Star Trek Discovery: 2.06 - The Sounds of Thunder

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At risk of sounding repetitive - it's ANOTHER great week for Star Trek Discovery with The Sounds of Thunder turning in another fantastic standalone story that also ties into ongoing plot threads.

Discovery receives news that a new red signal has been detected near the planet Kaminar - which also happens to be the homeworld of Saru; recently emboldened by the events in An Obol for Charon; having overcome his seemingly terminal condition and losing the fear that was the defining characteristic of his people. On arrival at the planet the signal is nowhere to be seen but Captain Pike makes the decision to investigate further and reluctantly sends Michael and Saru down to the planet, risking breaking General Order One in the process.

The Sounds of Thunder brings with it the opportunity to delve into the Kelpien people and the predatory Ba'ul who share the planet with them. Kaminar itself is a beautiful place that really benefits from the advances in effects technology to realise somewhere that looks more alien (at least in plant life) than we've seen before, and it's a shame there isn't more focus placed on this other than a couple of close up shots of the native flora.



It's refreshing to see events in earlier episodes being recalled logically - and while we're seeing plenty of self-contained stories this year, all of them feature elements that resonate throughout those that come after - the sphere in the Obol of Charon didn't only free Saru of his fear but it has become a resource that the crew of the Discovery can call upon to help understand wider situations. Whether this is something that continues is something yet to be seen, but right now it feels like there is a conscious effort to create a long-running story that actually makes sense.

Finding out more about Saru, and how he came to leave Kaminar was another highlight, as was his reunion with his sister Siranna (Hannah Spear) - and this reunion really helped to flesh out who Saru is and what he sacrificed to leave his home world. The handling of Dr Hulbert's return is also being well handled - to all intents and purposes he's the man that Tyler killed last season but there are lingering questions over how he has returned and the long term implications of what happened to him. Old scars are gone and there are suggestions that things aren't quite as they seem - and suggestions in Discovery quickly become reality.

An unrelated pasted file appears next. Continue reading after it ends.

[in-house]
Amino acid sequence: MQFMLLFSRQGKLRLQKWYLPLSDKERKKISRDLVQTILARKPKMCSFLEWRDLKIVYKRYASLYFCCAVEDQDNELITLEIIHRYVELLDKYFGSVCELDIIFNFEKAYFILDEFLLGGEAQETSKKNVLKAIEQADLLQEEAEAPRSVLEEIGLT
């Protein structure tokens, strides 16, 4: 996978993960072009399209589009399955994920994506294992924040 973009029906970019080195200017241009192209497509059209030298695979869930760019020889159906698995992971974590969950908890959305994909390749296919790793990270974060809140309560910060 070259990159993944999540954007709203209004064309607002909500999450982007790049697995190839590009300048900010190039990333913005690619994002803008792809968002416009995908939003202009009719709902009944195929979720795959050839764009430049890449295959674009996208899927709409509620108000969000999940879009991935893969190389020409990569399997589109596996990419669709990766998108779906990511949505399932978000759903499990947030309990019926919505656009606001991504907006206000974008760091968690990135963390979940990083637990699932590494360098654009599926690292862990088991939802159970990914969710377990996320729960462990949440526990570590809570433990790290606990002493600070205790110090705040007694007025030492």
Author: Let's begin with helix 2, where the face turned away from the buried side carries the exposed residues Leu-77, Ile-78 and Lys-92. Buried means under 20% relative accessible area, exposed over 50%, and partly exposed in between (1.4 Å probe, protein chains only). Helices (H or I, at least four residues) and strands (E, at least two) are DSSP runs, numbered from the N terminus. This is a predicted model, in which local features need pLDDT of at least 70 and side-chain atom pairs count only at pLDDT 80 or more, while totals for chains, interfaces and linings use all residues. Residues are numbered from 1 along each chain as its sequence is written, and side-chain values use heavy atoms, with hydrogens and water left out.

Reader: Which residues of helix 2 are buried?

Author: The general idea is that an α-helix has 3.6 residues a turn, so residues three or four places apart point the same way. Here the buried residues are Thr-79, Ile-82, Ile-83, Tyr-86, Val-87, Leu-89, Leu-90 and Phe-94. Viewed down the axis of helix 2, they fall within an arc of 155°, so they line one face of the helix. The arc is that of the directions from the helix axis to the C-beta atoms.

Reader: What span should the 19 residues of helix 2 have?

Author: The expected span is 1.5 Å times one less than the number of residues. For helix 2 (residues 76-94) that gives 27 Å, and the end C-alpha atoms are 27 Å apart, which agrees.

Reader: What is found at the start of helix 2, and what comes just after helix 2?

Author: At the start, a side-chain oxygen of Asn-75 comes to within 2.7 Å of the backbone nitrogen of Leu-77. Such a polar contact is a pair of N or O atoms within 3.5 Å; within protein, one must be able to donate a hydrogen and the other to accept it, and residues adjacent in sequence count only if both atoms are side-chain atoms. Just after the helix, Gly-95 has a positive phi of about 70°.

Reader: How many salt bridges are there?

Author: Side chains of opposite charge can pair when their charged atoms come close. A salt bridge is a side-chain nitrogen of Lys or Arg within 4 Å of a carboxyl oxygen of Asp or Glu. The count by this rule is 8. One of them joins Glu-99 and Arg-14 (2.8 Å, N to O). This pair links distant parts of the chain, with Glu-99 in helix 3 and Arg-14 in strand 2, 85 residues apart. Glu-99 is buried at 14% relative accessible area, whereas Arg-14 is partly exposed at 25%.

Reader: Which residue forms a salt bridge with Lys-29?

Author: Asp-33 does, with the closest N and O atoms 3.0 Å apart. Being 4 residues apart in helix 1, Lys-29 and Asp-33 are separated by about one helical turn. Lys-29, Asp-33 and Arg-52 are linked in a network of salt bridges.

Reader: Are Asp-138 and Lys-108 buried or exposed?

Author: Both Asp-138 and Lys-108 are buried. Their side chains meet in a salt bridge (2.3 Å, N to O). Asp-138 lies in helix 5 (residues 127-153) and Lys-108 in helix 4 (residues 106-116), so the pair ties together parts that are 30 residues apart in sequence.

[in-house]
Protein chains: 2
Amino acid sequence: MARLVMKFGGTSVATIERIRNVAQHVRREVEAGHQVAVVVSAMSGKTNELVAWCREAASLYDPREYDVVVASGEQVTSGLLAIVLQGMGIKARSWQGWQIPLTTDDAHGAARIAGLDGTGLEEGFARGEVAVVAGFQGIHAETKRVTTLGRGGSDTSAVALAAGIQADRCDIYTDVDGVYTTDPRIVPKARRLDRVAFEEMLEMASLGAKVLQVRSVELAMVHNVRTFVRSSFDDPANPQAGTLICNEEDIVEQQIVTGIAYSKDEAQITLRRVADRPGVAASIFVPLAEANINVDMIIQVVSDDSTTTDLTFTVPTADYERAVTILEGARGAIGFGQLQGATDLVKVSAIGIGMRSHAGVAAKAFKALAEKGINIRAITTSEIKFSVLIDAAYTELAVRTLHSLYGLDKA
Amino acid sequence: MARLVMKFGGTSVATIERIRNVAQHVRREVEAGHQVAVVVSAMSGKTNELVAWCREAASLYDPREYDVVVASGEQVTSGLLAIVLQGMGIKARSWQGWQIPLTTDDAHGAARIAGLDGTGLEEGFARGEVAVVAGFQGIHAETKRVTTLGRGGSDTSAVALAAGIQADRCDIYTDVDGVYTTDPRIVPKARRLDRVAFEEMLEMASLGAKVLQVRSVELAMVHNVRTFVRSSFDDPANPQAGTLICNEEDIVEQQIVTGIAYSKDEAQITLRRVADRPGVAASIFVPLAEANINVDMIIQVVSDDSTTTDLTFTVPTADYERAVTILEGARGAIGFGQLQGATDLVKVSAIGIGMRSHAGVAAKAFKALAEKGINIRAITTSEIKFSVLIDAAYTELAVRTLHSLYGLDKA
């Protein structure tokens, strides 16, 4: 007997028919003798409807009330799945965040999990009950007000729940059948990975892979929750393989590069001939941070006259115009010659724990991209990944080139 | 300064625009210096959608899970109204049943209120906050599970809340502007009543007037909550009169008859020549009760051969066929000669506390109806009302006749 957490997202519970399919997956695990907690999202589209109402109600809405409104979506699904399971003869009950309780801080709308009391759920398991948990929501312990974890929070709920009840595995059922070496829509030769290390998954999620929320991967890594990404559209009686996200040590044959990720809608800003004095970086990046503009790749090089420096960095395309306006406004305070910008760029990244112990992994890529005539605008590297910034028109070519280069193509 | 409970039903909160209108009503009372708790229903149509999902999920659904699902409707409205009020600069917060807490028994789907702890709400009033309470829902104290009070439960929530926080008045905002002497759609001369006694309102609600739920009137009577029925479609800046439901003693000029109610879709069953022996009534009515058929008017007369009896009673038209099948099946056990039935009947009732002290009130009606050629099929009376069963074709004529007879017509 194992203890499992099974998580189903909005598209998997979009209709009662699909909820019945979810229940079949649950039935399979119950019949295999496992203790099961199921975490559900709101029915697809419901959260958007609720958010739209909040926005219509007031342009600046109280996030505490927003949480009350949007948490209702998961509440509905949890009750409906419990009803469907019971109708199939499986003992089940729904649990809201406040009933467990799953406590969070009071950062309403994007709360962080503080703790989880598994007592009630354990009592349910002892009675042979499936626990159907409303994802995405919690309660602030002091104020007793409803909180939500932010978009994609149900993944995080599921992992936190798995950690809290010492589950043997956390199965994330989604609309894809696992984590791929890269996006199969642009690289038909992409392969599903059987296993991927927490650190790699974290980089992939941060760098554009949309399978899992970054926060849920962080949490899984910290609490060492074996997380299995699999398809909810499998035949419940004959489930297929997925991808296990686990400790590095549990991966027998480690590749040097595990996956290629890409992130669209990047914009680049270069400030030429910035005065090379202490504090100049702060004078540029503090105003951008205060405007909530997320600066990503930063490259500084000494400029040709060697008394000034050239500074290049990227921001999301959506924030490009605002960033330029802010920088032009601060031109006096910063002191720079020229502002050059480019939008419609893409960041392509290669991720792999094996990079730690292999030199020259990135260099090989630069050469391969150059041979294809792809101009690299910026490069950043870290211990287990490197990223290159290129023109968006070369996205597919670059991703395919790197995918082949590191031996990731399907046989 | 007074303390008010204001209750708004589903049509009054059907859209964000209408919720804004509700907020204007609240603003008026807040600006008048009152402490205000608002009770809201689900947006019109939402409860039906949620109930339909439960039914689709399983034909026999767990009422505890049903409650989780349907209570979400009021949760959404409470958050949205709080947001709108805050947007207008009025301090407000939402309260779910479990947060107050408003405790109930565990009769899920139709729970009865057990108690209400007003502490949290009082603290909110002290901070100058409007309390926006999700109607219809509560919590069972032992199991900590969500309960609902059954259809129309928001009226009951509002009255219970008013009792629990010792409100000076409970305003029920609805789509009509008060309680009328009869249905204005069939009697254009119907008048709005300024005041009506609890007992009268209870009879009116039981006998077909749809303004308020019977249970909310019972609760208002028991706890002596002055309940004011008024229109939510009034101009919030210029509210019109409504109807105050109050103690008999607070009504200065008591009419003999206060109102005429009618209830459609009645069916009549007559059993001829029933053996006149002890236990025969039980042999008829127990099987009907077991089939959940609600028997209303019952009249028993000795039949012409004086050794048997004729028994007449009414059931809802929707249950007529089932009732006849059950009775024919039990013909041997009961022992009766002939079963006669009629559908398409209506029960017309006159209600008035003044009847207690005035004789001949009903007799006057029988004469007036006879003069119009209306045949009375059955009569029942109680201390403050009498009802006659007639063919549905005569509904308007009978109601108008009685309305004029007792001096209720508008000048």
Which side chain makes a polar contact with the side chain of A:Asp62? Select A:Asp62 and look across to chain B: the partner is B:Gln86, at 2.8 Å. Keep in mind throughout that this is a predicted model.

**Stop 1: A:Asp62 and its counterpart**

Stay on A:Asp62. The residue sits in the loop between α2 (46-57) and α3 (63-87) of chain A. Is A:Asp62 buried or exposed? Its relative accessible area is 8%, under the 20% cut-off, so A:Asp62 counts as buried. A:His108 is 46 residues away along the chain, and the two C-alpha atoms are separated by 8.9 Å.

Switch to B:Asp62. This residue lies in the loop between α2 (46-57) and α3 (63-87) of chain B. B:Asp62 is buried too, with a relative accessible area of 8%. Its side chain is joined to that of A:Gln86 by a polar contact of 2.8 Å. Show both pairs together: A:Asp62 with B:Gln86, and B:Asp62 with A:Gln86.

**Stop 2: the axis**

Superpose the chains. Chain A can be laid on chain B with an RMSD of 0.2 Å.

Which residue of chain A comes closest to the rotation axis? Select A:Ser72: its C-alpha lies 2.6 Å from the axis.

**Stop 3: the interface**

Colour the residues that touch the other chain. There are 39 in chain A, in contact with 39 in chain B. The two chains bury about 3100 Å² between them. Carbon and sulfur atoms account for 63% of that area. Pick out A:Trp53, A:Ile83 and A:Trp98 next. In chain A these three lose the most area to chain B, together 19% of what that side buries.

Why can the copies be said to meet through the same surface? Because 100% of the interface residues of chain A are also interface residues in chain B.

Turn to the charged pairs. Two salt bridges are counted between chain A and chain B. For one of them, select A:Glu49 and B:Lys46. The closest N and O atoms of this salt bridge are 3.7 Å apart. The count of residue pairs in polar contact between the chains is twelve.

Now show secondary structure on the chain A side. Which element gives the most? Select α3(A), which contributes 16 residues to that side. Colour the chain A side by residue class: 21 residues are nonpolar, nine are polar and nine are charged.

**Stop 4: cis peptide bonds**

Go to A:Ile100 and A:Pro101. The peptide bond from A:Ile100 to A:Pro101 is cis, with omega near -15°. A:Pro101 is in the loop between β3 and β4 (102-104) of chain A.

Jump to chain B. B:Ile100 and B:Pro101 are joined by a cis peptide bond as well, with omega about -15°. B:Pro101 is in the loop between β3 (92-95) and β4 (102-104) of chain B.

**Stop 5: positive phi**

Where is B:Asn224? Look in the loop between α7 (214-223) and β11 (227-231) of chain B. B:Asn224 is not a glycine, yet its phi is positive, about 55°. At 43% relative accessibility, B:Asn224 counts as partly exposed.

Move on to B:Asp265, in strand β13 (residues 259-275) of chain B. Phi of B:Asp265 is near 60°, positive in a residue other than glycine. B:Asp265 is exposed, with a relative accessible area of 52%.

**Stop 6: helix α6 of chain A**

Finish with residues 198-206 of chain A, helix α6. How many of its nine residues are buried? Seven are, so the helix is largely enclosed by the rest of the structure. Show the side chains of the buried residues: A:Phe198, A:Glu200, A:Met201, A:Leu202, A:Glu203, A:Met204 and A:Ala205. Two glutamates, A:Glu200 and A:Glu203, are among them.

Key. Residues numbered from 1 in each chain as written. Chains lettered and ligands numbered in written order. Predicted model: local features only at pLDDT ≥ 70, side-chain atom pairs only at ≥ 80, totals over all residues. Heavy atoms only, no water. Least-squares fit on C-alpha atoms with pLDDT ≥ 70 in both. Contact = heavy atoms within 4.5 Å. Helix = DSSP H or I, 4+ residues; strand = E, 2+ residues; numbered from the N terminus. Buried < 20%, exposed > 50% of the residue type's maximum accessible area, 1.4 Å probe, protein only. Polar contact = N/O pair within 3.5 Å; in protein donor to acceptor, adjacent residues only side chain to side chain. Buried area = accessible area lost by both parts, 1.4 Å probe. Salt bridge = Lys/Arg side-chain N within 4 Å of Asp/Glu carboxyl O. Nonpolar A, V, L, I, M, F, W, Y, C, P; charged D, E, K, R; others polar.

Discovery does occasionally run the risk of repeating the mistakes of earlier Trek series - especially Star Trek: Voyager wherein in-universe rules can be broken as long as there's a narrative need to do so. At least here Discovery's writers seem to be at pains to provide justification - even if at times it feels a little heavy handed.

By episode's end, we remain far from finding out more about what has happened to Spock; and while we get a closer look at the angel with potential hints of time travel again getting a mention it still feels like the main thread of the story is being tackled in baby steps. We can only hope that there isn't this ongoing build up and then a rushed resolution over the last couple of episodes of the season.

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Star Trek

Debuting in 1966, Gene Roddenberry's Star Trek survived cancellation and returned with a series of films featuring Jame T Kirk and the crew of the Enterprise. It spawned four massively successes TV spin-offs and movies and ruled cult TV in the 1990s. After Star Trek: The Next Generation, Deep Space Nine, Voyager and Enterprise, it spawned a film prequel / reboot under the guise of JJ Abrams but returned to its TV roots in 2017 with Star Trek: Discovery...

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